Streaming platforms like Crunchyroll and Funimation aren’t talking about it much either now. But that will change with the upcoming winter 2022 movie.

I don’t think the HYPE will last much longer though, and Demon Slayer‘s cultural impact will fade with it.

There’s no “long term” about it.

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2. This cocaine-high can’t last forever

tanjiro funny face 1

The wild success of Demon Slayer is similar to what 50 Cent’s first 2 albums did. They both went DIAMOND.

His music success during this time was unheard of as a rapper, and of course it didn’t last longer than that, musically.

Demon Slayer is in a similar predicament.

  • The anime hit sales figures unheard of.
  • It made over $503 million at box office worldwide.
  • It’s the FIRST Non-Hollywood production to top the annual box office.
  • It’s the highest selling anime or Japanese film, ever.
  • It blew past all the decades worth of anime movies that sold well like Spirited Away.

You just DON’T hit never heard of figures like that in a short space of time, and expect it to last for too long afterwards.

Ebs and flows are natural.

No one thing can ever keep rising perfectly on a graph without failing or dipping. Especially if the rise is as straight as an arrow.

If the anime had a more consistent level of attention like older anime (Naruto for example), then maybe it would have been better for the franchise in particular.

As things stand though, that’s no longer possible. And you can expect to see it  decline over the years as the hype struggles to hold on for dear life.

 

3. It’s carried by its animation quality

mugen train visuals demon slayer gif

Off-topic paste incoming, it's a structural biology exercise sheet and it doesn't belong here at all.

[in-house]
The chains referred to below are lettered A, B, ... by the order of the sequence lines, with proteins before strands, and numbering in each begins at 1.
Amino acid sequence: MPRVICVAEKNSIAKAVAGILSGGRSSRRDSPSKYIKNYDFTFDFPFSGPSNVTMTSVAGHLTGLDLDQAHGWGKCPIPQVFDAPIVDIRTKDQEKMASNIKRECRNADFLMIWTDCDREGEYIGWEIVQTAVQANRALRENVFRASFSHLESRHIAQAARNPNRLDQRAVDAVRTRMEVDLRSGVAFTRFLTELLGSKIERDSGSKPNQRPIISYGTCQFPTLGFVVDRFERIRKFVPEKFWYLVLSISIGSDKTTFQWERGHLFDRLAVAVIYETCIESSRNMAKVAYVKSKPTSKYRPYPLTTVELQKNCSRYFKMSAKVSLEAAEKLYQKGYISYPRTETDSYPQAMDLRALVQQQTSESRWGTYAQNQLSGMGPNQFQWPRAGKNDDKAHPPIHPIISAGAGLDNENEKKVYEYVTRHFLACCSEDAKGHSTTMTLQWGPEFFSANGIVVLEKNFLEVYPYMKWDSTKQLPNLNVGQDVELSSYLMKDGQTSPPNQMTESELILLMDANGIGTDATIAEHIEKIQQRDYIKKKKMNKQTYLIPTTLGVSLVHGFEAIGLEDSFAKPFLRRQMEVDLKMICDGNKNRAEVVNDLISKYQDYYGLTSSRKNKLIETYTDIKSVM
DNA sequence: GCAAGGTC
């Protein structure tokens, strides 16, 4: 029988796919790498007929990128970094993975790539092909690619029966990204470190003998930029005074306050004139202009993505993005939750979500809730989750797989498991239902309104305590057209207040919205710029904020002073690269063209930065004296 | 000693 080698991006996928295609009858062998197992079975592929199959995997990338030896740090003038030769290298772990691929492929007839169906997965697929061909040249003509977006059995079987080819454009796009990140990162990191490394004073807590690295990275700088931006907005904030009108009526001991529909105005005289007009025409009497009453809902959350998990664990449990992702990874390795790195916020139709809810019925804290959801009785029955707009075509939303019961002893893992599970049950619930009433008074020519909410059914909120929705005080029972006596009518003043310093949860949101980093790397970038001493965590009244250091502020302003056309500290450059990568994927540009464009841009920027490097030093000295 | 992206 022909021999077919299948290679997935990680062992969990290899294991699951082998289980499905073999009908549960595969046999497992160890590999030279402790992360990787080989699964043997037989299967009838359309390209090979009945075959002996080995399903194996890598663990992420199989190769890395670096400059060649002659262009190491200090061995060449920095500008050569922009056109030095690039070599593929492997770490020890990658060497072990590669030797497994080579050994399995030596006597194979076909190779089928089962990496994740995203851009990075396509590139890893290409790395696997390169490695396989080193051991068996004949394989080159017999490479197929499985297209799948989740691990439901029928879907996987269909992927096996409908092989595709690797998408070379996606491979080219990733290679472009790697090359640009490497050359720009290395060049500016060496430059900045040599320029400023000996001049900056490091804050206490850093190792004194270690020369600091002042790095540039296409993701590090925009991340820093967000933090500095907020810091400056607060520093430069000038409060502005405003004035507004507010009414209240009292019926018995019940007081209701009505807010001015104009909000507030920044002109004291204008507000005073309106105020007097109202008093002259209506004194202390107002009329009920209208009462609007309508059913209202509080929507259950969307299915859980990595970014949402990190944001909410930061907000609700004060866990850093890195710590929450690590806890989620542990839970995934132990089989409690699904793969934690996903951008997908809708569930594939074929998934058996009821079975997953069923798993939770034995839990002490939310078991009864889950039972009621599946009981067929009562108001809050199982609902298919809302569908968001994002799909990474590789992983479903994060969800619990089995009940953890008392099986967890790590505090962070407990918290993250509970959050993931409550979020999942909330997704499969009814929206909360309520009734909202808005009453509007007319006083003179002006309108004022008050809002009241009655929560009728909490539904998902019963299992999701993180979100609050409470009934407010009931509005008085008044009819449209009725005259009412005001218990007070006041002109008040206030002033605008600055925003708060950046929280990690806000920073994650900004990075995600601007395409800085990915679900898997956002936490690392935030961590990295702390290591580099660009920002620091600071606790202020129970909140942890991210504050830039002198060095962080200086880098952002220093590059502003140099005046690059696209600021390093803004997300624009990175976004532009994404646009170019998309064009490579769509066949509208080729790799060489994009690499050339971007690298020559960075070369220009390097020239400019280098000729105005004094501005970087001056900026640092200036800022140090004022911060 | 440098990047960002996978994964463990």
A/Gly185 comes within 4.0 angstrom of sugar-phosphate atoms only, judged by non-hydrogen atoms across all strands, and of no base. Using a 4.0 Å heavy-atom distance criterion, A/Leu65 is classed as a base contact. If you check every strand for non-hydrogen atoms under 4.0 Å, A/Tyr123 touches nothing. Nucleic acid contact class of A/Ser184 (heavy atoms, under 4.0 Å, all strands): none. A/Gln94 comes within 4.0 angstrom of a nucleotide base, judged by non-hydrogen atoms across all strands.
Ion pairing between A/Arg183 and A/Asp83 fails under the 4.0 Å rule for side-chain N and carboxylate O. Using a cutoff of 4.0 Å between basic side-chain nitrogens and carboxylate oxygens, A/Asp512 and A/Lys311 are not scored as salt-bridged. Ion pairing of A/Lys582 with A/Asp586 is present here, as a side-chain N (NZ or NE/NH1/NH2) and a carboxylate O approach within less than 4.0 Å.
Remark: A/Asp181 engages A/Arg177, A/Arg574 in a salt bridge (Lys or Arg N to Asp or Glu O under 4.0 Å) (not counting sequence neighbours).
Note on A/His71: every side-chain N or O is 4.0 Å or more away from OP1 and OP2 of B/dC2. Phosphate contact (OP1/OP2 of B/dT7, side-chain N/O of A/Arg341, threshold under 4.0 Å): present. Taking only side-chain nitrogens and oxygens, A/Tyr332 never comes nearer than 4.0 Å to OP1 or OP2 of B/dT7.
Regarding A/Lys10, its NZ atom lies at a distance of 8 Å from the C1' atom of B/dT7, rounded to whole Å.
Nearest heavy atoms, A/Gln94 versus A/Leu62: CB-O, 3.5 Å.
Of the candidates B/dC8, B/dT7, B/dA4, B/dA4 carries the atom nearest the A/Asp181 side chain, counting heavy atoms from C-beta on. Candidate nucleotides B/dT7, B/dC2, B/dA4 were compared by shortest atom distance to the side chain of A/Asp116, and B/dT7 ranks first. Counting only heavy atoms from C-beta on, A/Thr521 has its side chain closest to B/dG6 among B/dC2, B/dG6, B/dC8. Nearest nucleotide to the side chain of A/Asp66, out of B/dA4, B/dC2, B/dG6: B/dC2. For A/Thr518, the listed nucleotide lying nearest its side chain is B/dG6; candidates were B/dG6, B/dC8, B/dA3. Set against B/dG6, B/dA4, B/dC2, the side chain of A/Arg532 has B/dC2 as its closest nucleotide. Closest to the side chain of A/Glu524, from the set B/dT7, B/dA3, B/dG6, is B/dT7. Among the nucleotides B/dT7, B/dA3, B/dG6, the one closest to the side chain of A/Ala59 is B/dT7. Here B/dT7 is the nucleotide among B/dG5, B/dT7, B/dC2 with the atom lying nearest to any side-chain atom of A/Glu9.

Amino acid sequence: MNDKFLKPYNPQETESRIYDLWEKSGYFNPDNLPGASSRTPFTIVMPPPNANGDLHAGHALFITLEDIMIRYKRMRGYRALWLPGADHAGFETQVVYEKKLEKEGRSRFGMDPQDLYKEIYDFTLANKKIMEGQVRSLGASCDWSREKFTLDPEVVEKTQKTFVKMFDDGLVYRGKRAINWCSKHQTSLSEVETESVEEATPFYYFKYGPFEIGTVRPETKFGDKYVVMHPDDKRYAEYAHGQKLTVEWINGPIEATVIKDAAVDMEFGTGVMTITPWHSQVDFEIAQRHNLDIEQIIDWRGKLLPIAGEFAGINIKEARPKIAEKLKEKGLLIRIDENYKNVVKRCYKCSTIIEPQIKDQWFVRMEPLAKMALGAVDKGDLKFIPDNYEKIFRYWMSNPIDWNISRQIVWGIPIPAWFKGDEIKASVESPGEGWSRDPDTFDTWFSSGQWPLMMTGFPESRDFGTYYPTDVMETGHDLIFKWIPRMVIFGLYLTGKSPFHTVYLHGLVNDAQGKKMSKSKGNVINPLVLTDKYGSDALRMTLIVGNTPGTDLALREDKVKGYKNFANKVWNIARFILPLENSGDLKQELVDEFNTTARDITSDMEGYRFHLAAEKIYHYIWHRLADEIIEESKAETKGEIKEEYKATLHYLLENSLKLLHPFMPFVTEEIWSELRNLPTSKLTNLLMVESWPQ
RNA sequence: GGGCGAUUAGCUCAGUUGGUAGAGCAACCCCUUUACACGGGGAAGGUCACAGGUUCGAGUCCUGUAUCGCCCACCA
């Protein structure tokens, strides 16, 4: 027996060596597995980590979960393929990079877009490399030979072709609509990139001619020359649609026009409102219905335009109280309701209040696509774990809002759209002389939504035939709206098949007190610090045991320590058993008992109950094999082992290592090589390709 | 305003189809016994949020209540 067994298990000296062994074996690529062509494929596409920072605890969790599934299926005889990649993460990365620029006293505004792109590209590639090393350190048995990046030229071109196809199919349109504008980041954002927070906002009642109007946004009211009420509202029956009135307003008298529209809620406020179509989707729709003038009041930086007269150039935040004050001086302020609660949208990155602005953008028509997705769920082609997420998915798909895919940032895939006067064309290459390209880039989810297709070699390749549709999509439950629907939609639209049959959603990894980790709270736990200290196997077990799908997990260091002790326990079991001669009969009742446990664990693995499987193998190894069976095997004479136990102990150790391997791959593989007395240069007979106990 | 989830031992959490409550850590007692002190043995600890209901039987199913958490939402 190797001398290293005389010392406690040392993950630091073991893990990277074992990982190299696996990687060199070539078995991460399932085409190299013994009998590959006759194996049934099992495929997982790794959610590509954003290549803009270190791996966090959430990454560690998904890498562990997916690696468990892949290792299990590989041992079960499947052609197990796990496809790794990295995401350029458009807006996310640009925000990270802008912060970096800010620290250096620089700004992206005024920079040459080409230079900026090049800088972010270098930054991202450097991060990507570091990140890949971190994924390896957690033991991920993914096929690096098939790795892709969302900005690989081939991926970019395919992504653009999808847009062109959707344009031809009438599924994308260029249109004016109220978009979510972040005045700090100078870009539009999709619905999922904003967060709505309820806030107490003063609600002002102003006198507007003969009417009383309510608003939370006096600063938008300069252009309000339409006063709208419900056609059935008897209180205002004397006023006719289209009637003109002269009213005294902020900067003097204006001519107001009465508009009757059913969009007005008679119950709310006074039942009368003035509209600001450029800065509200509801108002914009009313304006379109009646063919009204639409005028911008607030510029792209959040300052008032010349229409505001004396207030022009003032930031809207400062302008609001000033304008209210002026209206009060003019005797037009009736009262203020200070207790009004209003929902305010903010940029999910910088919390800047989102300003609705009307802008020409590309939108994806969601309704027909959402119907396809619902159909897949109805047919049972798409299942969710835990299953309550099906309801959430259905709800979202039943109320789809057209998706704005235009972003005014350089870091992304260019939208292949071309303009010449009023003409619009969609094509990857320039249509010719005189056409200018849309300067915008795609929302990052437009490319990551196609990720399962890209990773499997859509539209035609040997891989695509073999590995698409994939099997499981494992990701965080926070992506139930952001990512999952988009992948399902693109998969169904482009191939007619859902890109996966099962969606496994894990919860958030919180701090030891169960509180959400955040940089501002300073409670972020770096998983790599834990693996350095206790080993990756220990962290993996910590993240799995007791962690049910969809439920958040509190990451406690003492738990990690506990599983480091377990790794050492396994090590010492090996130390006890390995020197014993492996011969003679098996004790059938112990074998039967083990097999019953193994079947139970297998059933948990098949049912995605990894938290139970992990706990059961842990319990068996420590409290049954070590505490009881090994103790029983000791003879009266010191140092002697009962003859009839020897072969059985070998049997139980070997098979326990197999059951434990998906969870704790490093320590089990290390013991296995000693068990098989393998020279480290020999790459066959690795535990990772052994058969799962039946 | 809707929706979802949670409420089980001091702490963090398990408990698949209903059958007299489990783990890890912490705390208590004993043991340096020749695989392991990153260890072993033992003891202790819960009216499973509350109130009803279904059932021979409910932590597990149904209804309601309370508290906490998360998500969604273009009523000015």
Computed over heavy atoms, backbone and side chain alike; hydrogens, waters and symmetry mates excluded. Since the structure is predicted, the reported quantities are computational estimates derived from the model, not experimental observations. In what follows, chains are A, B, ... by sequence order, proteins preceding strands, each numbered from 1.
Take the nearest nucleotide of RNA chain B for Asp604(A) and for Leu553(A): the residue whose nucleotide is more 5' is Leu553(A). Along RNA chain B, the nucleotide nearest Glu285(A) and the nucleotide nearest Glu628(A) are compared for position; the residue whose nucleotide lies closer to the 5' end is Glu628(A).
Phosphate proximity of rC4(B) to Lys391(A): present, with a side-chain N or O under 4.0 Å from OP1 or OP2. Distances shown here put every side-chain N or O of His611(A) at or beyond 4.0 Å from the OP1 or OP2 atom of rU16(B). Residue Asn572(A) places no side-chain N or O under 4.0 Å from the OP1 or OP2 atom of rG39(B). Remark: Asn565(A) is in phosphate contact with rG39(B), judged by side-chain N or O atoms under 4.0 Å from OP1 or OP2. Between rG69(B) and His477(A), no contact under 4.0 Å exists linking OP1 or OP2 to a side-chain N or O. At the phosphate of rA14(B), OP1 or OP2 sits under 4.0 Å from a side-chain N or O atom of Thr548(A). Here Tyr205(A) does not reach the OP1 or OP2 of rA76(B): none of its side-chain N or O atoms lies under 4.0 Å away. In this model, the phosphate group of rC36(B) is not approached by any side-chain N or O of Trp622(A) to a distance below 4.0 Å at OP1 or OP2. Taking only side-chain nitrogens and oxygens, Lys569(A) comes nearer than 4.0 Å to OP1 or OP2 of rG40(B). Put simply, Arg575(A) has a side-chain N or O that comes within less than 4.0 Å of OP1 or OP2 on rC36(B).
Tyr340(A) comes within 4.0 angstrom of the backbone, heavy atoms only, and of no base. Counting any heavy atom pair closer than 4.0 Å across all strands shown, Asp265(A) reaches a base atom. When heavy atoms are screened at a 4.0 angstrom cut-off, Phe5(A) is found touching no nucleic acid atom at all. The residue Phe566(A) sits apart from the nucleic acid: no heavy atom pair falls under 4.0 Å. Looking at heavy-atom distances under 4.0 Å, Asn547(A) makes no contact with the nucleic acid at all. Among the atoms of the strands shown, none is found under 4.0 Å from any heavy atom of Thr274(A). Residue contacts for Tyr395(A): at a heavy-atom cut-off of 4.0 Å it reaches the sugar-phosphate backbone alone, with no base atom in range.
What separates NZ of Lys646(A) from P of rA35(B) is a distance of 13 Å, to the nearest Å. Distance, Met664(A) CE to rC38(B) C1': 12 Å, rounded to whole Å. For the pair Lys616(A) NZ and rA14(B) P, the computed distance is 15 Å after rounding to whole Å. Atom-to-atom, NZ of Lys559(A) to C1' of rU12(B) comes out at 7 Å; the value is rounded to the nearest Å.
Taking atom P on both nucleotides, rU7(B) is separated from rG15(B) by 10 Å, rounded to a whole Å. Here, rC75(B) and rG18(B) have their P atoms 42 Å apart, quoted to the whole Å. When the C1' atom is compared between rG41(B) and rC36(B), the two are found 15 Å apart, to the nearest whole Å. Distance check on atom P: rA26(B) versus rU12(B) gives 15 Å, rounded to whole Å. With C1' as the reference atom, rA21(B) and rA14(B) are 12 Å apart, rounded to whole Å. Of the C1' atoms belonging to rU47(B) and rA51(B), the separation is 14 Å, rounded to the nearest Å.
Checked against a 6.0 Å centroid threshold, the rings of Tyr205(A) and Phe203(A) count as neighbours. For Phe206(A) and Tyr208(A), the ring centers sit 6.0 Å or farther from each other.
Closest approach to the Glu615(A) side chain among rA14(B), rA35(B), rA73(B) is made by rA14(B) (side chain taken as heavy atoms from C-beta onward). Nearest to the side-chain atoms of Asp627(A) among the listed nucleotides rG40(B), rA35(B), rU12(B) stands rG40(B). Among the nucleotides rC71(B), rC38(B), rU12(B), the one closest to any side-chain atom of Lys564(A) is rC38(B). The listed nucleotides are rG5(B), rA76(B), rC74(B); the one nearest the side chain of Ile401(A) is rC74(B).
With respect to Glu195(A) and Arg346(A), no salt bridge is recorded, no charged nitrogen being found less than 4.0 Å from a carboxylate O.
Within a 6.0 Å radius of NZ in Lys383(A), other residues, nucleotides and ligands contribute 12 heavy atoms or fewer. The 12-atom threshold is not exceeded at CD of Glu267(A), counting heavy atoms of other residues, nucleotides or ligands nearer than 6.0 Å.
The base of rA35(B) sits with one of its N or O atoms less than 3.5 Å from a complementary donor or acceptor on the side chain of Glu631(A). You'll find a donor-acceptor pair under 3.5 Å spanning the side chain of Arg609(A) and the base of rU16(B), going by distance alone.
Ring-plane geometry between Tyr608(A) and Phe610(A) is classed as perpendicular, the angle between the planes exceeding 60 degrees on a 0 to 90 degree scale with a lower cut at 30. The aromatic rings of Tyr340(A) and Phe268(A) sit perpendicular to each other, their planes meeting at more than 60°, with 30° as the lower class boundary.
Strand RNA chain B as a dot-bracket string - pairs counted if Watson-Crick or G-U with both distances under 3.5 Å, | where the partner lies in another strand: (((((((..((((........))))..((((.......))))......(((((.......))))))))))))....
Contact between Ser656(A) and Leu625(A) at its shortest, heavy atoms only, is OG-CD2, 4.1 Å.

Many anime have solid visuals that are stunning to look at.

  • Vivy Fluorite Eye’s Song.
  • Violet Evergarden.
  • Land Of The Lustrous.
  • Fate Zero.

But SOME anime rely too heavily on the visuals, to the point that it ends up carrying everything else on its back.

Or in other words: without the visuals, the anime falls apart like Lego pieces.

Take away Demon Slayer‘s focus on animation, and what do you really have left?

  • Is the fight scenes good enough by itself, without the solid visuals?
  • Is the story captivating enough to only need “good enough” visuals?
  • Are the characters great enough that stellar art wouldn’t matter much?
  • Is the anime unique enough that it could stand against other Shonen of a similar visual quality?

I’m not convinced. Demon Slayer‘s success is more superficial than it is cultural, and that’s not a bad thing….

It just means it’s good for the industry, but not to the point where culture is massively impacted.

 

Is Demon Slayer all bells and whistles?

demon slayer season 2 series

Season 2 is set for 2022, so until it drops only time will tell. But I stand by my point about the cultural impact of Demon Slayer.

I look forward to seeing what happens from here and HOW they handle promotion with the hype dying down.

Not to mention how they plan on shooting it back up again.

Recommended Next:

43+ Demon Slayer Quotes To Help You Remember The Anime!

Jujutsu Kaisen Vs Demon Slayer, And The Differences In Quality

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Alice Harcourt
Alice Harcourt

I never got into the Demon Slayer phenomenon. I generally don’t like shounen stuff, anyway. Maybe I’ll read the manga & see if I can get into the story. Or maybe not.

Does amine really even NEED a hype train like Demon Slayer? It seems like when there is to much money to be made on something, the overall quality tends to take a downhill slide in a hurry. Look at numetal. Korn & RATM are great bands, then all those other “things” happened…